Tech Transfer Stars highlights those making a difference in the federal tech transfer community. As the Software Release Authority and Licensing Manager at NASA Ames Research Center in California’s Silicon Valley, Kimberly Minafra uses her communications expertise to work with NASA software developers, industry, academia, entrepreneurs and government agencies to turn out-of-this-world innovations into tech that improves the lives of everyday people.
How did you get involved in technology transfer?
I was working in the Office of Communications (for over 20 as a contractor) and newly converted to Civil Service, when I was informed of a six-month detail opportunity opening up for the position of Software Release Authority in the Technology Transfer Office in January 2018. Once I reached the one-year mark as a Civil Servant, I was able to accept the detail position and started learning the role quickly, with a great mentor leading the way.
I felt very comfortable working with the hundreds of NASA Ames software developers and inventors, as I had been working with them in my role as a Public Affairs Specialist/Communications, promoting their work. I had already developed a great rapport with our Center community of innovators. I fell in love with the aspect of enabling the process of releasing software for the benefit of users outside of NASA, so they could use it for research and evaluation.
What does a typical “day at the office” look like for you?
My primary roles are the Ames Software Release Authority and Ames Awards Liaison Officer. Both activities allow me to engage and train software developers on the process for releasing their software and encourage/persuade candidates to participate in NASA’s Quarterly Inventions and Contributions Board and annual Invention of the Year and Software of the Year Awards.
I work with developers on the process of software release, publish their software codes in NASA’s Software Catalog and coordinate the distribution of software codes to users who request them.
As a License Manager, I have the privilege of working with license applicants and learning about the company's abilities and plans for licensing NASA technology/software. I spend the time familiarizing myself with NASA technologies to better assist with the license process and matchmaking to ensure a successful license agreement execution.
I also work with universities that participate in NASA Technology Transfer University, which allows students to assess NASA technology and software for their entrepreneurial projects and degree programs.
What do you love about your job?
I love working with Ames innovators and companies who license NASA technologies for commercialization, and I love participating in marketing and outreach activities to show off the cool NASA innovations that have contributed to making a difference in our everyday lives. It’s fun to see people’s faces light up with I tell them about NASA innovations – like LASIK (from NASA’s James Webb Space Telescope innovation) and the cameras on all smart devices (from Nokia licensing NASA’s camera-on-a-chip technology). People usually tell me they thought NASA was all about launching rockets.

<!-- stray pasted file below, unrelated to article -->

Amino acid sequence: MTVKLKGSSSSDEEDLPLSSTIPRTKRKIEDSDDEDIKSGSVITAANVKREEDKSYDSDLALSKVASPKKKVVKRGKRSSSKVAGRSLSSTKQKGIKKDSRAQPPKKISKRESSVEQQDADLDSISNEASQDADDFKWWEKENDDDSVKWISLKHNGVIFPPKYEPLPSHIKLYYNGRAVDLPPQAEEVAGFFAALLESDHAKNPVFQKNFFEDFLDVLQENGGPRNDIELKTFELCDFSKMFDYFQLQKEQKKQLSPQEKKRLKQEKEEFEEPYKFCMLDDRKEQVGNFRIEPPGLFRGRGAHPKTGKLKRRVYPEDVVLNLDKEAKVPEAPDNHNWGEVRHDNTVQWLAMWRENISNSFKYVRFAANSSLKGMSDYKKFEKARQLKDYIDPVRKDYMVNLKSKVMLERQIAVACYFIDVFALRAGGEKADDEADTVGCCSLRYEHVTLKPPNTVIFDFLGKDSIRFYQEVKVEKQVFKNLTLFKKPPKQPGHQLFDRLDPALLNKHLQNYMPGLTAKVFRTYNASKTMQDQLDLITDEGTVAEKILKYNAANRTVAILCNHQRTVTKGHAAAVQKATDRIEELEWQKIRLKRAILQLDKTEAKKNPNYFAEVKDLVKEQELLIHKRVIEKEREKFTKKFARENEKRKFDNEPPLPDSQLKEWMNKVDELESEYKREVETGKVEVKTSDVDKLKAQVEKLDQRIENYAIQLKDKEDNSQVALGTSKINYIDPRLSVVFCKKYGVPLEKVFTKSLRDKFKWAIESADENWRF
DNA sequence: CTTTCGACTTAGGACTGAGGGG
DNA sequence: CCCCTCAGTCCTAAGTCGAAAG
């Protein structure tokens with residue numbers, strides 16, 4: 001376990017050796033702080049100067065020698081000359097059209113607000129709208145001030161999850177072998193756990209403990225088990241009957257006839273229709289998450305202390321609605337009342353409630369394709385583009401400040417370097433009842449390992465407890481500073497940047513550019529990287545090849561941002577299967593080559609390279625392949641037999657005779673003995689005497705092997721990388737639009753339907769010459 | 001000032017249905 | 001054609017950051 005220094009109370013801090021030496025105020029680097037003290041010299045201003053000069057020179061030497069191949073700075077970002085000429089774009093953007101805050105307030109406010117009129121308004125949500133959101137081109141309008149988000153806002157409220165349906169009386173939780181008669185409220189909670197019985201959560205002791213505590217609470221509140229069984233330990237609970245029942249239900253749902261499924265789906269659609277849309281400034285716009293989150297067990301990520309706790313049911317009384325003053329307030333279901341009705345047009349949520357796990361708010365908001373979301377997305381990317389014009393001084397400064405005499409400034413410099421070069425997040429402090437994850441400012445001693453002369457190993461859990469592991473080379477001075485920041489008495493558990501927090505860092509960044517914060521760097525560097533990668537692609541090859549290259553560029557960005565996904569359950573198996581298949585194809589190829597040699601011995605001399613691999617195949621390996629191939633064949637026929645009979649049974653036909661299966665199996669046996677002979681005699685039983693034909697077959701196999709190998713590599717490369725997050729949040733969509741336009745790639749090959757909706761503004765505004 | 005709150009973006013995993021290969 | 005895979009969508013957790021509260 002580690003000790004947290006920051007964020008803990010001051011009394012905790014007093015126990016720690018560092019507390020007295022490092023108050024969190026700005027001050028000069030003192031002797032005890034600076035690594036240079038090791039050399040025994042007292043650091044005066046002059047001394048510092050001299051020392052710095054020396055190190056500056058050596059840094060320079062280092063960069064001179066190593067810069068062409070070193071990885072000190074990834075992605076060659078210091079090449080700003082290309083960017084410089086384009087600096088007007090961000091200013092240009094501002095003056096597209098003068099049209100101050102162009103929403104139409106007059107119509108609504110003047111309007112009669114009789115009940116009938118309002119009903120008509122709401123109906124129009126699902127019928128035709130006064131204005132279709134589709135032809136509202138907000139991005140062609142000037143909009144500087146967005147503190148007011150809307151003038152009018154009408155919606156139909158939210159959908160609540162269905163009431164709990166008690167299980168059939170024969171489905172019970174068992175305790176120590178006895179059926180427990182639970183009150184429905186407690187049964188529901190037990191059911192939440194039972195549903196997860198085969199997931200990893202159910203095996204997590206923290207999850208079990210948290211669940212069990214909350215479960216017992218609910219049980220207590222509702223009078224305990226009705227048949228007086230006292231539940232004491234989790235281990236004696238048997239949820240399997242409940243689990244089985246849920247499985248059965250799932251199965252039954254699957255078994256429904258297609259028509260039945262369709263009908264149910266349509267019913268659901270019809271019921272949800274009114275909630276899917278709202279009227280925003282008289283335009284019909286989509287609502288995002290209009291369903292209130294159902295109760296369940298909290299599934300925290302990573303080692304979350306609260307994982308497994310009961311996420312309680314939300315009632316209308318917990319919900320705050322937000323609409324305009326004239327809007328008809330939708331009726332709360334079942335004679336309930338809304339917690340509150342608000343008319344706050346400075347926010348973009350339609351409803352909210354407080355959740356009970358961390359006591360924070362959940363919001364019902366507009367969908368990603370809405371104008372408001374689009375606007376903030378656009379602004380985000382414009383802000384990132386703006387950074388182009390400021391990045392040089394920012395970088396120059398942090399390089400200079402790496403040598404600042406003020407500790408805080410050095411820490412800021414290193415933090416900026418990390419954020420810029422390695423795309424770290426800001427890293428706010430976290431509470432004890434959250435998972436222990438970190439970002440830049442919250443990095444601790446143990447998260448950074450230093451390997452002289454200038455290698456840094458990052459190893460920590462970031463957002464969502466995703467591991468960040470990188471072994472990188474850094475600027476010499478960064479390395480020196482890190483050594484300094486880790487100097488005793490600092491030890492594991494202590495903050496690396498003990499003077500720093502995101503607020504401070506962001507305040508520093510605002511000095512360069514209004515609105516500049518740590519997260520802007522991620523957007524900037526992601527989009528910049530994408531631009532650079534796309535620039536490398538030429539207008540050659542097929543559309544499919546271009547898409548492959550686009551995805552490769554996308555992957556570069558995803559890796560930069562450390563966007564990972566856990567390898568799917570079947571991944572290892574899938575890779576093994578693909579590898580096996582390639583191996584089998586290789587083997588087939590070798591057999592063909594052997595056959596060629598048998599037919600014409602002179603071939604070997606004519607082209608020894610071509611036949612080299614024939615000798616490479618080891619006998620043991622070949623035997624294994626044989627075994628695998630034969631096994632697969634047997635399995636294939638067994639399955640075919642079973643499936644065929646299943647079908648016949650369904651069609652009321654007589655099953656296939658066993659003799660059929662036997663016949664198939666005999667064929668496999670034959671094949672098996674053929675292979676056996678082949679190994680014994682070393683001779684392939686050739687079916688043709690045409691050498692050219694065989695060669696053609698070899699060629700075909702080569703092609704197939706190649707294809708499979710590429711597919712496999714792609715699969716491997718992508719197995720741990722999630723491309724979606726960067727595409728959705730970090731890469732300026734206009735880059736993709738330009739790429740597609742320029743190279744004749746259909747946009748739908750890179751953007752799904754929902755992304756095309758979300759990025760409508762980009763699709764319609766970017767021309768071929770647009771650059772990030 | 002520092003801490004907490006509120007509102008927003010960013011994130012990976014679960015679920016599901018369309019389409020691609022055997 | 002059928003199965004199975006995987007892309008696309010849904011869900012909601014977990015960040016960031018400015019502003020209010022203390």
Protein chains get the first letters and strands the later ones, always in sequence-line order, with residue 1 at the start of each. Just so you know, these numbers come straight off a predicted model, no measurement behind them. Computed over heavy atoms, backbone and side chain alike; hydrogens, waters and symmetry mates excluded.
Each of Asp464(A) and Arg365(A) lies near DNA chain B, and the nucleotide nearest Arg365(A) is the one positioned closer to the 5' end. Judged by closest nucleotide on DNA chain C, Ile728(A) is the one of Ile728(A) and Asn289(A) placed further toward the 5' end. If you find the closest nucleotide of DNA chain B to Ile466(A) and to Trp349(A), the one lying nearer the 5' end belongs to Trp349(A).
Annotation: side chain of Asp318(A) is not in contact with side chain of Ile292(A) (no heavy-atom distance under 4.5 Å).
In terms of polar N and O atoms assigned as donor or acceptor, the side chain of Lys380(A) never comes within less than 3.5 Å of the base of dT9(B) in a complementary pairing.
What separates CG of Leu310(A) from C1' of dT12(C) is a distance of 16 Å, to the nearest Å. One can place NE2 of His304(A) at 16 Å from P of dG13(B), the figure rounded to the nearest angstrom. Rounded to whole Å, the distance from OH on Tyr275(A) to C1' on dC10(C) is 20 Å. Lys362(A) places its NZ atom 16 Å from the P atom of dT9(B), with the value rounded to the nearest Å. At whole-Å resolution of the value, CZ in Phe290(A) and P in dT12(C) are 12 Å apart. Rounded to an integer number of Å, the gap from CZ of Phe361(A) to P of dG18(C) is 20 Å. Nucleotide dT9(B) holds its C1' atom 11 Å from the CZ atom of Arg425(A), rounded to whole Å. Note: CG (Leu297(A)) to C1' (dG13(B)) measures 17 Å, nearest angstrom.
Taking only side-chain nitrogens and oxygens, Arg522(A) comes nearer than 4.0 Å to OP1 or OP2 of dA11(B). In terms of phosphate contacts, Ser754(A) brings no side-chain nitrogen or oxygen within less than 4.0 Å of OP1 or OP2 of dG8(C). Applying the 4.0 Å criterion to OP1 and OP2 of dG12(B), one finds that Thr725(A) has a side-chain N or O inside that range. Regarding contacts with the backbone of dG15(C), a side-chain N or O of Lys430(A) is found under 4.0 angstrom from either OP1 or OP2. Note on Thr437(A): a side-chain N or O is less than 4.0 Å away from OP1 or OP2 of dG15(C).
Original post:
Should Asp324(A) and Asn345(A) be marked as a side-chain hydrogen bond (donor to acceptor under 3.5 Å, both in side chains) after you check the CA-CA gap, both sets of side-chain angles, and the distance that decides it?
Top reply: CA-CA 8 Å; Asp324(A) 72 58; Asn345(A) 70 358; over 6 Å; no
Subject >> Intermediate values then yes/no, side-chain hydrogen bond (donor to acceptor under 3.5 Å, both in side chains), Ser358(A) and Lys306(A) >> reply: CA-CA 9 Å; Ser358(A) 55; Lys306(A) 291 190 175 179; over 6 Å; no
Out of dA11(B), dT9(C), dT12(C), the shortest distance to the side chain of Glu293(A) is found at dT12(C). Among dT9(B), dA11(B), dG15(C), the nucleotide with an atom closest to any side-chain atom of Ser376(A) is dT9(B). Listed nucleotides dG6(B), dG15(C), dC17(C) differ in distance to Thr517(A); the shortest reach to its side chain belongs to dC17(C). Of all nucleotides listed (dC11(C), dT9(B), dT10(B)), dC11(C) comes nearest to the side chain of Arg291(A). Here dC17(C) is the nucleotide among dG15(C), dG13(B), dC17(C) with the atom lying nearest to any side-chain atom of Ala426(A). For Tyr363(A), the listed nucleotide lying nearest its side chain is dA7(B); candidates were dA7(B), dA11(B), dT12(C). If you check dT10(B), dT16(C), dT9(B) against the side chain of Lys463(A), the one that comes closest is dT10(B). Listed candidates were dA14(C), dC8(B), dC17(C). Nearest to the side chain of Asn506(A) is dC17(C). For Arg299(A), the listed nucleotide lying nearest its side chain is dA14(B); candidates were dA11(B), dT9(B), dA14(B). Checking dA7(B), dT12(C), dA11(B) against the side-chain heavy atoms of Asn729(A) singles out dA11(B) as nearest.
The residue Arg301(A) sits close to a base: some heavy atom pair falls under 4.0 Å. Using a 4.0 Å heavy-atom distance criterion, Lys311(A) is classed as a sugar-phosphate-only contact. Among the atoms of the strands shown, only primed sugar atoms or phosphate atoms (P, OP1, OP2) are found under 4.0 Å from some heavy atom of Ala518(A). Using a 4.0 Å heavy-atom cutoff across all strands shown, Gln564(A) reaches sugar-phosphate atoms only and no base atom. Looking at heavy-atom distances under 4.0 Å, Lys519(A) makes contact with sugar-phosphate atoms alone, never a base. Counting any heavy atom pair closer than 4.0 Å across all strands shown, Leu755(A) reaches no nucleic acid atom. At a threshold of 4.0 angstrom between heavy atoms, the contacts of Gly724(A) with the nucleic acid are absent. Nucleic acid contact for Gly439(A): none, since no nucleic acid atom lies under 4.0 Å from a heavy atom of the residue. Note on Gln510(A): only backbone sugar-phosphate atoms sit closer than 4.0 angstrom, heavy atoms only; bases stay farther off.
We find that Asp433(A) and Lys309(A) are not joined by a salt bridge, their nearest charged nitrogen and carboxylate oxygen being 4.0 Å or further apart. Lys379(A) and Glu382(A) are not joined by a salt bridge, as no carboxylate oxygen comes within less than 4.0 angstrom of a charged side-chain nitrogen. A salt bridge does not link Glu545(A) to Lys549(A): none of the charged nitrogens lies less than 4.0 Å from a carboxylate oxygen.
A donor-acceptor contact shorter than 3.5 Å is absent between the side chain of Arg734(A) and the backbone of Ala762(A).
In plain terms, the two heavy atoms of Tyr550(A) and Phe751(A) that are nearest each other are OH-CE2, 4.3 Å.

What do you wish more people knew about your office?
I wish that NASA was able to do ads (TV and print media) to showcase the technological innovations so more people would know the huge impacts to society that NASA innovations are making – not only in the United States but globally. NASA is everywhere you look! NASA is in our homes and cities!
How does your unique background and experience help you do your job?
As a communication expert, I have the blessing of using my skills in strategic communications to support both internal NASA Technology Transfer efforts and external – stakeholders, industry, academia, start-up accelerators and other government agencies. I have the understanding and bandwidth to connect people to our NASA technology, per their needs.
What do you do for fun?
Traveling and attending concerts.
What’s the best thing about FLC or your favorite memory from a past FLC event or initiative?
There are so many really great benefits to participating in the FLC. I am learning a lot about other federal labs and the innovations coming out of them. I also enjoy the opportunity to participate on the Communication Subcommittee, under the PROMOTE committee. The team is always working hard to inform and educate people on technology transfer benefits from participating agencies that make up the FLC.
What advice would you give to someone who is new to the tech transfer profession?
Learn the technology innovations and don’t be afraid to promote them! Our U.S. taxpayers need to know!